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something in the stars

It’s been a difficult couple weeks over here.  Yesterday at the police station, on my third visit in 48 hours, the chief inspector asked if I’d read my horoscope lately.  “It must be something in the stars,” he said sympathetically.  Then he made me eat a plate of noodles and told me not to give up.  He said everything would be okay and he looked so authoritative in his uniform, I believed him. 

It’s been one thing after another, after another, one of those weeks where every time my phone rings it takes me a few seconds to gather the courage to pick it up.  The hard thing about loving these kids so much is that when something bad happens it can totally knock me off my feet.  When we built Kopila Valley, I honestly (and naively) thought I could pack so much love and goodness into it that my children would be safe and out of harms way and make all the right decisions... forever.  If only having kids (and teenagers) were that easy.  Learning these lessons is hard and the more I love them, the harder it gets.  

Yesterday, on top of everything else going on, we found out that two of our students’ mother passed away unexpectedly.  The girls got called out of class with the news and sent home while I was in town sitting with our local education minister discussing my visa extension and our high school registration.  By the time my Dad and I got over to their little mud hut, 20 minutes up the road, the air was cool and the sun was setting.  We found a few neighbors and extended relatives sitting outside as they explained what happened.  When I looked inside the mud hut I saw our little girls’ mom laying there on a pile of hay and wondered if that was the way the girls had found her too.  I pretended to listen to the entire story but I really just wanted to get away from the dead body, find the girls and make sure they were okay.  Sure enough, we crossed paths down the dirt road and when they saw me they burst into tears.  I really didn’t want to cry so I clenched my throat, gulped down my tears and somehow attempted to give them a talk about how everything was going to be okay and we were there for them and yaddy yada yah because really, what can you say to two little girls who just lost their mom?  Who have already been dealt an incredibly challenging deck of cards in life, and have recently gone from begging on the streets to being hard working confident young students. It didn’t seem fair.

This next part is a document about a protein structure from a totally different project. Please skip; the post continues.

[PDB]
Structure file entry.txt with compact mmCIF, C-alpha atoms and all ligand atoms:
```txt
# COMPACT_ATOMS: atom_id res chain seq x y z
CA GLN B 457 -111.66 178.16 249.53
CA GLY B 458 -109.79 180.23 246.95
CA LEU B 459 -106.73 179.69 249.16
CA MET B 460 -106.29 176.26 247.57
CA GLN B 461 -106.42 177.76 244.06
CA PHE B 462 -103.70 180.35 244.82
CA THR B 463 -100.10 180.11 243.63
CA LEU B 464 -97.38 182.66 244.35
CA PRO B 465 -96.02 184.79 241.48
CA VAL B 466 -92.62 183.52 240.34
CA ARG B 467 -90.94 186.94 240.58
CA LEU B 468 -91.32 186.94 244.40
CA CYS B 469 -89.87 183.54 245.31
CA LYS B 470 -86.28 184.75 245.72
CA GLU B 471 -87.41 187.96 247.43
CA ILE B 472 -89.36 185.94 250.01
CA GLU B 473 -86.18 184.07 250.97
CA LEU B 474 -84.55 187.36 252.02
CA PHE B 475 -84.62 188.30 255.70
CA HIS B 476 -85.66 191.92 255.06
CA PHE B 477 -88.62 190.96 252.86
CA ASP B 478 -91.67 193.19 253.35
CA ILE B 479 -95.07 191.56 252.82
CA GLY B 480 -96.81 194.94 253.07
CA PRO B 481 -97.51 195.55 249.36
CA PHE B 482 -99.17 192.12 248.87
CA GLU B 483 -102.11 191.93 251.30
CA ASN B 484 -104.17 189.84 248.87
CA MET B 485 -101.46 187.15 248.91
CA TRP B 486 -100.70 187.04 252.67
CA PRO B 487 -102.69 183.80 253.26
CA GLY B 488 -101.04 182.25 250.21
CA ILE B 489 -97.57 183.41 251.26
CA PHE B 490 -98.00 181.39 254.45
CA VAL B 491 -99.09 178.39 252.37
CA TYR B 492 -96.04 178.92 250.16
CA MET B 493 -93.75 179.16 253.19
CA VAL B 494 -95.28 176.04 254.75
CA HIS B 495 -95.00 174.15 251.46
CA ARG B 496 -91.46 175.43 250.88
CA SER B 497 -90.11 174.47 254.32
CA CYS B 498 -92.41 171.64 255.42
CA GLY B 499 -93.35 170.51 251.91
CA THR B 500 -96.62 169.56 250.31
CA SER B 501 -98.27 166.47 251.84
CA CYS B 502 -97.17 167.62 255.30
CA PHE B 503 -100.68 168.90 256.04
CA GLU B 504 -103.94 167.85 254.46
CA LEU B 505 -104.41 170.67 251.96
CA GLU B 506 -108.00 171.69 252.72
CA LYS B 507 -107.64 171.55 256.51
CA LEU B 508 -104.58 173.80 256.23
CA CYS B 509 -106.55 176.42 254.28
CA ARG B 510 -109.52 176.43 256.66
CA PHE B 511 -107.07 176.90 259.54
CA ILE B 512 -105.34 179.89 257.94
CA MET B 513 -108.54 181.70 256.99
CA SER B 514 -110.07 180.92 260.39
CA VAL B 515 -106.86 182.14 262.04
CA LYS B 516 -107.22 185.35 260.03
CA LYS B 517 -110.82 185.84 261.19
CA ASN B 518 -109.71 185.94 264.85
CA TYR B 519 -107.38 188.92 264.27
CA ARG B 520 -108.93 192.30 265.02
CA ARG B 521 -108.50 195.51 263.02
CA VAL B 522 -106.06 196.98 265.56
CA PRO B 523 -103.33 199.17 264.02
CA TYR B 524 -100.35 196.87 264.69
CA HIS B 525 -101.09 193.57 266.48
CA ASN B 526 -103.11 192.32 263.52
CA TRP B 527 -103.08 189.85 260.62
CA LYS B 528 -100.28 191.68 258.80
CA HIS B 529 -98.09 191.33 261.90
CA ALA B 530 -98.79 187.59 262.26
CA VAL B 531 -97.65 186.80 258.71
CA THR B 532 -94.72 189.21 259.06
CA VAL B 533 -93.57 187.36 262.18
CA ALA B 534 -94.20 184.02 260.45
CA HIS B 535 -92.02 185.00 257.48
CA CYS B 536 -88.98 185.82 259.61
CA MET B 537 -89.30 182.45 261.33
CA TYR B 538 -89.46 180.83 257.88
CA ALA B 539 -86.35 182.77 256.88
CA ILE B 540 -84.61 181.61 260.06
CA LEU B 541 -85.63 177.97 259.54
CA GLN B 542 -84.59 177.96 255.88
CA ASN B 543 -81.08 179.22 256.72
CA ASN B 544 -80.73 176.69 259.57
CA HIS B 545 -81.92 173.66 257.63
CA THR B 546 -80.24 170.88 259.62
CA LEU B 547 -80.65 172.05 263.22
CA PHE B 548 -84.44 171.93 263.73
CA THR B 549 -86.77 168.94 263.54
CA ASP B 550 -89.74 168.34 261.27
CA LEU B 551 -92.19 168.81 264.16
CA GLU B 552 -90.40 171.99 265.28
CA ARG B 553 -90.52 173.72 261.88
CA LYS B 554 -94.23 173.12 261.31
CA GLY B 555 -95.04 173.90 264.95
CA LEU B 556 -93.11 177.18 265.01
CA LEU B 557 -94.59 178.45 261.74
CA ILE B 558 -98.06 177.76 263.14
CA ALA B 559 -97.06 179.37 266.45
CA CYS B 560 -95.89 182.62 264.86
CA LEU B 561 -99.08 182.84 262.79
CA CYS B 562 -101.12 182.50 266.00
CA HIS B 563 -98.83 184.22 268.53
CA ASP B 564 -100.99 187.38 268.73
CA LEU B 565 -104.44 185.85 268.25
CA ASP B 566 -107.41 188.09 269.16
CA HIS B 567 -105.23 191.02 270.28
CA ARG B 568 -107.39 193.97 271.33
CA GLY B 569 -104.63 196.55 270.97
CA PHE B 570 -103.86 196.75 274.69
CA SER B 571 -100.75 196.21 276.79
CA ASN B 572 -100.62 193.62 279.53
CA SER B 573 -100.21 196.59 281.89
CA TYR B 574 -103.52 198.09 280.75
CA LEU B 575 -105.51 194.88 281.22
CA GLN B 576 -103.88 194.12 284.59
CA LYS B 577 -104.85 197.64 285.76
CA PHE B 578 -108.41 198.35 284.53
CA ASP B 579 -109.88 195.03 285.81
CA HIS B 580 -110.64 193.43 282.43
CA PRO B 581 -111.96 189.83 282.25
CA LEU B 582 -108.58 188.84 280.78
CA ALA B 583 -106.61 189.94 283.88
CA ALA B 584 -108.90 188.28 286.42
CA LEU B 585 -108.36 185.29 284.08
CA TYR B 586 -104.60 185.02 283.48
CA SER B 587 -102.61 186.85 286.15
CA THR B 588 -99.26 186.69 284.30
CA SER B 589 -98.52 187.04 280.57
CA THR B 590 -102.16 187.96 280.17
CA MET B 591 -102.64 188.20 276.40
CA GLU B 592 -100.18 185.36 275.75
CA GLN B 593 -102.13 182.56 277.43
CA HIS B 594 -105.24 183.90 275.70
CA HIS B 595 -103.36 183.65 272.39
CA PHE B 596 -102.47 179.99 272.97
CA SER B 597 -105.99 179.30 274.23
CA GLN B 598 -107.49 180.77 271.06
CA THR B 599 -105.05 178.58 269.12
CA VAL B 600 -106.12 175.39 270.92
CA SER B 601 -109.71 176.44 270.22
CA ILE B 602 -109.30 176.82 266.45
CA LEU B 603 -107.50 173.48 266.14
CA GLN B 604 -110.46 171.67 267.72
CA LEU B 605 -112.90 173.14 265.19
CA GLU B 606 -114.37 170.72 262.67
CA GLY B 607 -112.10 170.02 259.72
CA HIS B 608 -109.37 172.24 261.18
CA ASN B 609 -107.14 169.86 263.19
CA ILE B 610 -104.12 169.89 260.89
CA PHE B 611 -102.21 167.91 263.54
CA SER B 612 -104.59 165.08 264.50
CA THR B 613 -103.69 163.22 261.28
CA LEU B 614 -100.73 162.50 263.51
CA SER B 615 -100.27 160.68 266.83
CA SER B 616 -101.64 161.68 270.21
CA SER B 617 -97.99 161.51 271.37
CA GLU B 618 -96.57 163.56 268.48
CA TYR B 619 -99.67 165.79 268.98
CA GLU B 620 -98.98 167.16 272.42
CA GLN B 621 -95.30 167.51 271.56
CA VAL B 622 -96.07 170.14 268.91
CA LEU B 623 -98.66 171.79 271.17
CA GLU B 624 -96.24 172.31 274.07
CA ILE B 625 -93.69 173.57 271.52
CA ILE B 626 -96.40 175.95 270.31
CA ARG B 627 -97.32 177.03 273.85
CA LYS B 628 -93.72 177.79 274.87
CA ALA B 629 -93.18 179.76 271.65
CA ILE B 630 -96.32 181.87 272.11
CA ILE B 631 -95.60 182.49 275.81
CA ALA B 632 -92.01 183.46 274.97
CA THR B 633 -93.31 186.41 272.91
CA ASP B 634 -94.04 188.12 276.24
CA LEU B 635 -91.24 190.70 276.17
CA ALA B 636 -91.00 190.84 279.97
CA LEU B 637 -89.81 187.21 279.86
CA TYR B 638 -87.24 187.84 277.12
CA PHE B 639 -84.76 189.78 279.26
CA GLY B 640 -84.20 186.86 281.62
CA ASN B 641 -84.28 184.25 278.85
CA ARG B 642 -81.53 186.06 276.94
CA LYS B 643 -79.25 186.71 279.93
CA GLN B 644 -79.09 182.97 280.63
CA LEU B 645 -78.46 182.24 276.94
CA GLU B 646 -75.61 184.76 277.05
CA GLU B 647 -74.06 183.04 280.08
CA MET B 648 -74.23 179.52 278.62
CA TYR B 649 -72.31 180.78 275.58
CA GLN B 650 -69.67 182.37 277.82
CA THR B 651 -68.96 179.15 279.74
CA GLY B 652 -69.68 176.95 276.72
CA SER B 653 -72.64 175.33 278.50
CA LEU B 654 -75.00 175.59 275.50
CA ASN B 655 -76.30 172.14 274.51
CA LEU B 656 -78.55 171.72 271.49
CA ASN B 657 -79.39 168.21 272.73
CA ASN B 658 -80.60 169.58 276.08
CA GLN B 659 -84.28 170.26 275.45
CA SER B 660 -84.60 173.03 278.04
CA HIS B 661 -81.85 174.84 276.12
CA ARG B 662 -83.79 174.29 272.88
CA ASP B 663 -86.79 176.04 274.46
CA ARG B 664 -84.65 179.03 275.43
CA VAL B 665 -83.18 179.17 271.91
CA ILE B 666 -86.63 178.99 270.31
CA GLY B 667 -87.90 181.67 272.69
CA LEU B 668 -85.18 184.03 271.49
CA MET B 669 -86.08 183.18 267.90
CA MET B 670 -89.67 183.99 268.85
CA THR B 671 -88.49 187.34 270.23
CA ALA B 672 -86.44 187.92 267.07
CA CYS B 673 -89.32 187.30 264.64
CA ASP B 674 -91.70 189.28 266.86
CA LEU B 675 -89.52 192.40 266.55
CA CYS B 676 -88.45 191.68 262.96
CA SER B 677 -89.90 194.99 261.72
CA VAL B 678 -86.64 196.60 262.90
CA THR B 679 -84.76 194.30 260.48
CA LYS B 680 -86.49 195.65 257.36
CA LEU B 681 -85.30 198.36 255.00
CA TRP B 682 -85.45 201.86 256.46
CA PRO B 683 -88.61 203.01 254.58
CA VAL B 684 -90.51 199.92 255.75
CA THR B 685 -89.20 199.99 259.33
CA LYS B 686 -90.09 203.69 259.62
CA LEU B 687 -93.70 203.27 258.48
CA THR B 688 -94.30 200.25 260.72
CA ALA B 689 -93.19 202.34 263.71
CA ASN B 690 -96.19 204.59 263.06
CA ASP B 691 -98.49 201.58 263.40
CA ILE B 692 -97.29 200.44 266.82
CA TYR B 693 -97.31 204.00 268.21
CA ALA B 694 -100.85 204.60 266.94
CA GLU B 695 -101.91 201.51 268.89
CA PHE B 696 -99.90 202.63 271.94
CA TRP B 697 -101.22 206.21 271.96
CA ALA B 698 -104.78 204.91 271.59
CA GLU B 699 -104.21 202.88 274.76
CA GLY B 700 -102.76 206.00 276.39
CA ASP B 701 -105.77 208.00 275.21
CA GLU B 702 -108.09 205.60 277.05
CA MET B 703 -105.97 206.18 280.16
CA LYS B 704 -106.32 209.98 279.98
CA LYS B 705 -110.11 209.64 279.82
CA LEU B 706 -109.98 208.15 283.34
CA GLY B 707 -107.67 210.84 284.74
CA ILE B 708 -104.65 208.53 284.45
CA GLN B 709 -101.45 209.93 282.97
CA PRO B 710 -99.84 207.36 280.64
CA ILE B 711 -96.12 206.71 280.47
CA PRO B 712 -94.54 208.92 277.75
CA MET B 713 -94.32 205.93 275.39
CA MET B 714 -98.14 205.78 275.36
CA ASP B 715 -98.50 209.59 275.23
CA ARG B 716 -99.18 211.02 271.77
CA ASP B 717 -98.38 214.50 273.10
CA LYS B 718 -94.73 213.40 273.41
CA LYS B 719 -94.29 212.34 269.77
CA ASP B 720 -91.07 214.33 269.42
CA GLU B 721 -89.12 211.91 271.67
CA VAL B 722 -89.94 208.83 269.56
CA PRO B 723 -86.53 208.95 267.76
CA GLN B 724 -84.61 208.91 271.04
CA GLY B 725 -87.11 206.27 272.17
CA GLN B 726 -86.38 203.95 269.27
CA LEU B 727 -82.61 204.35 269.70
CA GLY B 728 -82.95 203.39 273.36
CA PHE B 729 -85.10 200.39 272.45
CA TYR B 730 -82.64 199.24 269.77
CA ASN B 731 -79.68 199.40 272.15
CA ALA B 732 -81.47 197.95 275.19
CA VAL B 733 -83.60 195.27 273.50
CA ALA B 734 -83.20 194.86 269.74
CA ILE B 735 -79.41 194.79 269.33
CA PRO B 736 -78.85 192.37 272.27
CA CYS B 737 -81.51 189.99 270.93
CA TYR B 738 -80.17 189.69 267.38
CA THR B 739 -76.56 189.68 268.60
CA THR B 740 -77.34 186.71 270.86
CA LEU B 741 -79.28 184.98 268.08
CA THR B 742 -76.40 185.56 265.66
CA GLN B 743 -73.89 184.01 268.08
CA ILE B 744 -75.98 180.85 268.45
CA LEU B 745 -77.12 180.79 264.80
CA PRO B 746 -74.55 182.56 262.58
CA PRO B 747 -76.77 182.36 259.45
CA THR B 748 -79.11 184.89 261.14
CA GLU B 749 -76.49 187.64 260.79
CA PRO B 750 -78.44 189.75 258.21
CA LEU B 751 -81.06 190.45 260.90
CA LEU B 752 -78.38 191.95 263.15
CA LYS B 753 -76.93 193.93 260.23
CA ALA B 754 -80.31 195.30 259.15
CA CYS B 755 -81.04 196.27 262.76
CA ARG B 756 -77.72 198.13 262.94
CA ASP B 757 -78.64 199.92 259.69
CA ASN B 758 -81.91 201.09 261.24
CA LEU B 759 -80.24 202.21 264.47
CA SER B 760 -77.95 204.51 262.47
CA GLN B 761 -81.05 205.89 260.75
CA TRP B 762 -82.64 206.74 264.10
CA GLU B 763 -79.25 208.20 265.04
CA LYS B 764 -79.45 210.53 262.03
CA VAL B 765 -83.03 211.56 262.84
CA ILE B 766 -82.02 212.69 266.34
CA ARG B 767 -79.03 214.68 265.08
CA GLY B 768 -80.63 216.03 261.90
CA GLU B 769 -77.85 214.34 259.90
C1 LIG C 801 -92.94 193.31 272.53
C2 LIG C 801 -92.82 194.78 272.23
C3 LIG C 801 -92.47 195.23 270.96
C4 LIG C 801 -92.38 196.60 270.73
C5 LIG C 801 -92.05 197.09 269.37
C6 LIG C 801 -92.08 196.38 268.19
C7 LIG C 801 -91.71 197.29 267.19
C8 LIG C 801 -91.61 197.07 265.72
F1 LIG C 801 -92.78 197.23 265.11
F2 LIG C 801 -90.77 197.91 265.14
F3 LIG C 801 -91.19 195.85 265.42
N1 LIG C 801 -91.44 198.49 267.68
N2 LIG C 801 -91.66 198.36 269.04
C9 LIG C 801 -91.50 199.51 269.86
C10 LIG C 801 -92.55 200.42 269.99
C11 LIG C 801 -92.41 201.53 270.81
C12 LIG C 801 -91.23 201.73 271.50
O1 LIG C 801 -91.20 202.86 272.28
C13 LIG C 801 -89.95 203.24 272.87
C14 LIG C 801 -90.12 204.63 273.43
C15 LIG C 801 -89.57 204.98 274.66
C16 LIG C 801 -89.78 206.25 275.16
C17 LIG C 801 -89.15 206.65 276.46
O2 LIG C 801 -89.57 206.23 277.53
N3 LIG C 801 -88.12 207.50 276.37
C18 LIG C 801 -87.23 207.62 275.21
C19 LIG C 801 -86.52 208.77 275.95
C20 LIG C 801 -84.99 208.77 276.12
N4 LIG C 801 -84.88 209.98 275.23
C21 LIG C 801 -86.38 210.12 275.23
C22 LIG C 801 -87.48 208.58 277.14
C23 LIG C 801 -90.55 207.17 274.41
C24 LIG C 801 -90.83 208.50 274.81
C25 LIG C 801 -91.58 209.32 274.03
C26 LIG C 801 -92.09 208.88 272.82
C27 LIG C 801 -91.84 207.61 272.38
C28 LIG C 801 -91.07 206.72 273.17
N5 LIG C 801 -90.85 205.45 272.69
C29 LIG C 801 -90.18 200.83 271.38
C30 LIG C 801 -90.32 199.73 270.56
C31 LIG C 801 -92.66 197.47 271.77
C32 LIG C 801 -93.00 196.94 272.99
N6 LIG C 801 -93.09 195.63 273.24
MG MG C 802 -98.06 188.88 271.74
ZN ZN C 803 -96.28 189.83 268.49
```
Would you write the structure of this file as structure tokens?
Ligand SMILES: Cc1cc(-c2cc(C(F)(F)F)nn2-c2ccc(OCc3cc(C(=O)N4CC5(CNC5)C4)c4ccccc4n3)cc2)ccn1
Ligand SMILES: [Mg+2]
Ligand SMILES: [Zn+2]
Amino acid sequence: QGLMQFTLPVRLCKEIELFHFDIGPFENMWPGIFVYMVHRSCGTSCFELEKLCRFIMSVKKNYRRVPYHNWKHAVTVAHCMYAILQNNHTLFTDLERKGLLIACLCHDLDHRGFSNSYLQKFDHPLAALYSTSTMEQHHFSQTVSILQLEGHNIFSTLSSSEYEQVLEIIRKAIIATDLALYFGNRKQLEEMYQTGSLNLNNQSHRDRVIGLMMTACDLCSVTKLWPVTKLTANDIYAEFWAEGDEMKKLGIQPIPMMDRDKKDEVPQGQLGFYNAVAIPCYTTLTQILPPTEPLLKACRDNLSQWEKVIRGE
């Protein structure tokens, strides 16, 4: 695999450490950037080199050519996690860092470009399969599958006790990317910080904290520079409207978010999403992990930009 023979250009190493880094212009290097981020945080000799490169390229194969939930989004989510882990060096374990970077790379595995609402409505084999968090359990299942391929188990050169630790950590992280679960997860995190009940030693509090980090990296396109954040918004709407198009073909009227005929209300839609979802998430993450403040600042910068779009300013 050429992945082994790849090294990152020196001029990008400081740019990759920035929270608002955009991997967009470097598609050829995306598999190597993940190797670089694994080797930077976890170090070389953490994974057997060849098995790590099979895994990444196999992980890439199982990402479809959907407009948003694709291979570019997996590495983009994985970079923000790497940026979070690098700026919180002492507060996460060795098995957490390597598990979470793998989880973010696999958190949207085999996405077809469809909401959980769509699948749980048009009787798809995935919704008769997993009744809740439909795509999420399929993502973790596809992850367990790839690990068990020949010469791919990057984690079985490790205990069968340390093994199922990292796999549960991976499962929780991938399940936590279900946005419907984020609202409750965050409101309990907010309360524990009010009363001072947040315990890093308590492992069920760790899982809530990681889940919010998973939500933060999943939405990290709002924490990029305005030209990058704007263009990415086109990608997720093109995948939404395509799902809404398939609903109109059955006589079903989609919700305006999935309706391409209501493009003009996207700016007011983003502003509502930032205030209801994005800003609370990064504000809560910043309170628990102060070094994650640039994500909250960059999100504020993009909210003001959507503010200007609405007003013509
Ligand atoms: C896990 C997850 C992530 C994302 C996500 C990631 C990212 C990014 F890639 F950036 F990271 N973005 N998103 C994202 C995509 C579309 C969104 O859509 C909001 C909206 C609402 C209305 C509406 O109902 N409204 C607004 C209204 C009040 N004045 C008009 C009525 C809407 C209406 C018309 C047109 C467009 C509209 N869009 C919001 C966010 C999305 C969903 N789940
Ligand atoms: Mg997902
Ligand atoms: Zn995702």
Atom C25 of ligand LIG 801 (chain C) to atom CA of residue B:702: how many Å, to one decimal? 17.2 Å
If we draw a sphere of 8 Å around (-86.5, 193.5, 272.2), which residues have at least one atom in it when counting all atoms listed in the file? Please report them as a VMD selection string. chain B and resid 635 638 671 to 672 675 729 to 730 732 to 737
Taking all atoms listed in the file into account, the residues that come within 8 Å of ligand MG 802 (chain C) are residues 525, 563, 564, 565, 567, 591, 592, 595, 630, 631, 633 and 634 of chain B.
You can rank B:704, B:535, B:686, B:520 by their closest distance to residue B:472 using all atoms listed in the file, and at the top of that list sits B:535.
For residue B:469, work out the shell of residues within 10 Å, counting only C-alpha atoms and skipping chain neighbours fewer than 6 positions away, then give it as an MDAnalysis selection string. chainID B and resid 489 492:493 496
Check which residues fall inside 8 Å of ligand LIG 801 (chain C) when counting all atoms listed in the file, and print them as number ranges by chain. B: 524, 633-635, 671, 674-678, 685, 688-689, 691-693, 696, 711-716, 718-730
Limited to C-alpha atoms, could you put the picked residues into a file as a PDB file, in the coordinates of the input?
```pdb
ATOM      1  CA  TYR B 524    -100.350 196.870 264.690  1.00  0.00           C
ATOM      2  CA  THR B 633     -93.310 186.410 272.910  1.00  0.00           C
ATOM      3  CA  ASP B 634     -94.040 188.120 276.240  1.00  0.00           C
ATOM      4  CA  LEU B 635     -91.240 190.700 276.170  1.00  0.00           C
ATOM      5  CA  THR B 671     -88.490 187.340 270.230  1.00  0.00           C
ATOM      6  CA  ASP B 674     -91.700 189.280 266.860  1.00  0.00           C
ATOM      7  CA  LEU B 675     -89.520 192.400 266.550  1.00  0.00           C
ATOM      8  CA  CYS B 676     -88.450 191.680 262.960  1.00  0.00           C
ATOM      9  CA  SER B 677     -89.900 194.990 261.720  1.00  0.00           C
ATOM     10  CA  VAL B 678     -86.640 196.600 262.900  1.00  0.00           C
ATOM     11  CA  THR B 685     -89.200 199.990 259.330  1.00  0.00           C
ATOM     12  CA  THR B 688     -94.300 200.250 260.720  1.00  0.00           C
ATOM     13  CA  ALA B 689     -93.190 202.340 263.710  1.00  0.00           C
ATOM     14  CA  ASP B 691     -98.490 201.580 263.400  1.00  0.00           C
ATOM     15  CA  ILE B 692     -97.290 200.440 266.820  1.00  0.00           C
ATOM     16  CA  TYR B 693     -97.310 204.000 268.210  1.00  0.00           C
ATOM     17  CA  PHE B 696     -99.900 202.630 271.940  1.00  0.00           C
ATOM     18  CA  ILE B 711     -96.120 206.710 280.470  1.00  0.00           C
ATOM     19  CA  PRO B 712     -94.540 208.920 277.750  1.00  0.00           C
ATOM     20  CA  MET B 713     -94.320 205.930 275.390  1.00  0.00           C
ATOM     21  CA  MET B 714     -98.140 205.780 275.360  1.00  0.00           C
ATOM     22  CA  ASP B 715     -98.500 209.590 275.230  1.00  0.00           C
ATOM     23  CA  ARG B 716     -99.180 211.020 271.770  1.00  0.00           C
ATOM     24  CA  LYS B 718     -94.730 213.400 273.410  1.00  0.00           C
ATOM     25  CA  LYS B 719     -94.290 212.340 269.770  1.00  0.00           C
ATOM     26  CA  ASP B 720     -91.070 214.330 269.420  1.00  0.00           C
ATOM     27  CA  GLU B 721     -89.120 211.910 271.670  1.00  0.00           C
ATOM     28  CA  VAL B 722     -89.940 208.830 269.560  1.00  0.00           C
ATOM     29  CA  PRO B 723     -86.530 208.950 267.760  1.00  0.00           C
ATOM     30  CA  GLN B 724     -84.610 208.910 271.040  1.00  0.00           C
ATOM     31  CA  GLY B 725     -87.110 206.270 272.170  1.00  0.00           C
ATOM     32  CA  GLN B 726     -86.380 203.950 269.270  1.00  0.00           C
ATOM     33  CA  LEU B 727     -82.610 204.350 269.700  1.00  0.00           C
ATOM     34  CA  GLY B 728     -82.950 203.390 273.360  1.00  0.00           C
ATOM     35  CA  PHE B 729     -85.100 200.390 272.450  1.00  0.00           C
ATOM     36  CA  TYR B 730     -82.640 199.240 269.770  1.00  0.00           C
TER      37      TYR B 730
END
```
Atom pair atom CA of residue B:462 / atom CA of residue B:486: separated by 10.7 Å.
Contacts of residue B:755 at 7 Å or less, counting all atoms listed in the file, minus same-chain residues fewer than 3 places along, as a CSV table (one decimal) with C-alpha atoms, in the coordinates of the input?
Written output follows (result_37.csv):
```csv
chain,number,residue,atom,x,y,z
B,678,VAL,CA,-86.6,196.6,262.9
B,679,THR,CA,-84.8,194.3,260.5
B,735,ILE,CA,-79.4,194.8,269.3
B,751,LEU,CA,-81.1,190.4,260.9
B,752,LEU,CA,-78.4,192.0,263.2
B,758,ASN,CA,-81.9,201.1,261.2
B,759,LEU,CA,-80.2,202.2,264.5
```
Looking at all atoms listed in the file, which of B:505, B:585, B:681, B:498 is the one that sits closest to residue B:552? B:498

I kept asking them if they needed anything again and again.  

"I mean anything, anything at all?  Tell me what you need?  Tell me what I can do, how I can help...”  

I was thinking of every last physical thing I could give them.  Food, money for the funeral, clothes. Something to somehow make things easier.

Pooja, one of the little girls looked at me and interrupted, “just your love.  just love me.”

So I told them how much I loved them.  That it was more than I could possibly ever say in words.  More than I could ever reach with my two arms.  I held them as tight as I could and told them everything was going to be okay.